Women are amassing a vast amount of personal wealth and the trend shows no signs of letting up, according to an executive at RBC Wealth Management.

“The opportunity is here. Women are economic powerhouse,” said Angie O’Leary, head of wealth management at RBC, during a presentation at Financial Advisor's Invest in Women conference last week in West Plam Beach, Fla

During the session, she cited research including from the Bank of America Wealth Institute that found that women control 51% of wealth and that is expected to rise to 66% in the next decade. She also noted that female breadwinners are on the rise, citing Pew Research data showing that in nearly one-third of marriages (29%), both spouses earn the same amount of money, and the share of opposite-sex marriages where the wife is the primary breadwinner has risen to 16% from 5% in 1972 to 2022.

Further, McKinsey & Company found women are poised to become the biggest beneficiaries of the great wealth transfer from baby boomers over the next three to five years, representing $30 trillion that will be handed down to them by the end of the decade.

O’Leary said advisors should be focusing on the kids, especially the women, of the boomer clients that they are managing. “This is a great opportunity to go to that [next generation] and spend time with them,” she said. “They will appreciate it forever.”

RBC did a study on 1,000 wealthy millennials and found that they are a lot like their parents, she said, with 84% thinking about their finances a lot and three in four wanting the same things as their parents. Further, she said 91% trust their advisors. “They want a person in their lives,” she said.

The study, she said, also revealed that once millennials save for retirement, buy their first home, and pay off their debt, they have no idea what to do with that next windfall. “They get $1 million or a half million and they have no idea what to do with that. And this is where you have the inflection point of financial advisors coming in the lives of these high-net-worth millennials,” she said.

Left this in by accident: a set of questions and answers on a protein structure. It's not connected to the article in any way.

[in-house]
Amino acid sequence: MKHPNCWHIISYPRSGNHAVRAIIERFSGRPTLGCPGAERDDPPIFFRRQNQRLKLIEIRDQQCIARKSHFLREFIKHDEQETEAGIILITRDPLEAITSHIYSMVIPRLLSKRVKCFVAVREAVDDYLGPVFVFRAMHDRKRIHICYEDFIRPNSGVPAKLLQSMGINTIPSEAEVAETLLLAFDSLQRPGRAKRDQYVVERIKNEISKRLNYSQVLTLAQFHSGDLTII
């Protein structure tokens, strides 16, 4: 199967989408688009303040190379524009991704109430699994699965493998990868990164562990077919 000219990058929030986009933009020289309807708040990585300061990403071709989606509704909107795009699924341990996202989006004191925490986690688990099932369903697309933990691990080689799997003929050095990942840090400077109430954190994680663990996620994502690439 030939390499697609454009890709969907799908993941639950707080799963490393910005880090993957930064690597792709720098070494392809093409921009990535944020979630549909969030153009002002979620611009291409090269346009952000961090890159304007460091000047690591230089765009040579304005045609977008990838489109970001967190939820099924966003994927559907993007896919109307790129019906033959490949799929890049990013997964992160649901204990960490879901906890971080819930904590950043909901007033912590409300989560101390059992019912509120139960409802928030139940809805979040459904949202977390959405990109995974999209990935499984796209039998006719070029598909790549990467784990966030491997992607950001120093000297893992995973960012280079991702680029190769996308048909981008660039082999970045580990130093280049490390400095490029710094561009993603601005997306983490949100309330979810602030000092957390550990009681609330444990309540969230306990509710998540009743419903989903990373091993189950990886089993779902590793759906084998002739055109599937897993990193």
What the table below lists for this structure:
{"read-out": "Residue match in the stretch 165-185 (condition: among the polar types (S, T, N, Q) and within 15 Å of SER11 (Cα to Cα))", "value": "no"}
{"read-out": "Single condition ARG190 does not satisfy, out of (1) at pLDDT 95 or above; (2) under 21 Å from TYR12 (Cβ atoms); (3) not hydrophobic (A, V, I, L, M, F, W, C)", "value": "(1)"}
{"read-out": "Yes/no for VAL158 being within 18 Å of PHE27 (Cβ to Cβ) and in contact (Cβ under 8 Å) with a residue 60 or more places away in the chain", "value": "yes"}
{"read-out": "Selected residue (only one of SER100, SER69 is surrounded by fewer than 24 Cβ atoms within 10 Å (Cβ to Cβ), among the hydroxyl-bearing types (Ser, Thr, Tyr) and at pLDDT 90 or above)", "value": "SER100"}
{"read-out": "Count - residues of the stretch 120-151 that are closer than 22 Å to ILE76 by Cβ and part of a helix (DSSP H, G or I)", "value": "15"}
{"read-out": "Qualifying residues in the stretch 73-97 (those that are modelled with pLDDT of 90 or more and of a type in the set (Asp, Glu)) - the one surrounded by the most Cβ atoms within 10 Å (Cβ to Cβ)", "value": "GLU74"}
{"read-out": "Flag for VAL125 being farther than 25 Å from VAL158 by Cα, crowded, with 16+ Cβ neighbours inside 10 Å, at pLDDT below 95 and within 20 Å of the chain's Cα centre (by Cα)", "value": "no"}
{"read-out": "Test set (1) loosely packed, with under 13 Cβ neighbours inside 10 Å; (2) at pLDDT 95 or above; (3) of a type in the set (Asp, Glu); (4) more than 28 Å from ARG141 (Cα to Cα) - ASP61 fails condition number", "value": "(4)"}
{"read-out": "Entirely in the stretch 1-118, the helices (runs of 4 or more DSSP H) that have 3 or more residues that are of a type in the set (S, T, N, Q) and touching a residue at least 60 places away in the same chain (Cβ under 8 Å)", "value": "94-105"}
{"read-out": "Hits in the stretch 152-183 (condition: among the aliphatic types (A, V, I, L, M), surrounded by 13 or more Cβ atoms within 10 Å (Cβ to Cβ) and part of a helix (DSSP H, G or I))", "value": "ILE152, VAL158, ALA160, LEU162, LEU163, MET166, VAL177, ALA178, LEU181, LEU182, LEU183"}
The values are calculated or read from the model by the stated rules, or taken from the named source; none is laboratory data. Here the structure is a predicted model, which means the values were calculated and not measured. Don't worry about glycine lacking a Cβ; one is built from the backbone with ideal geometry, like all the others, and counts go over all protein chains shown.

O'Leary and Cathy Walker, a senior manager at RBC, offered these six strategies for working with and retaining wealthy women: 

• Know thyself
O’Leary said it’s important to get women to talk about their feelings about money. Understanding their “money script” or their money personality is a great way to get them to talk about money, she said. “We don’t talk about money so one of the things we need to do is to get women more confident and have money conversations,” O’Leary said. 

• Building a wealth plan
Create a financial roadmap for clients that will give them confidence, O’Leary said. “If you can do that with your younger clients and all  the way to the end of their plan, then they are going to be a lot more confident in their financials."

• Understanding financial fundamentals
Encourage women to think comprehensively about their finances and identify steps they can take to build more confidence, she said. O’Leary said the plan needs to include insurance, estate planning and wealth transfer plans. 

• Aligning investments with values
Women want to know how they can support the organizations that they feel comfortable and confident in, and they also want to help teach the next generation how to do this investment and how to provide for the local community, said Walker. She cited a 2022 study from RBC that found that 72% of women wanted to increase ESG investments and 83% wanted ESG information from their advisors. Advisors, Walker said, will want to talk to clients about ESG and what it means to them. “And not just grandma, but the daughters and the granddaughters as  well, she said. “You are going to find that your clients definitely want to have the conversation with you, and they are looking for guidance.”

• Building a legacy by giving back
Philanthropy is also a growing area among clients, Walker said. She noted that the industry has more than one million individual donor-advised funds for clients and 1,500 donor-advice client programs for junior clients to invest in. “Why? Because philanthropy is incredibly important to these clients,” she said. “They all want to help the community and also to make a difference.”

• Create a retirement paycheck
Confidence and clarity come with a plan for reliable retirement income, O'Leary said. Ensure that you have a personal income plan for them and that they understand the tax repercussion of that plan and the strategies to help. Also, the plan needs to be updated annually, O’Leary said.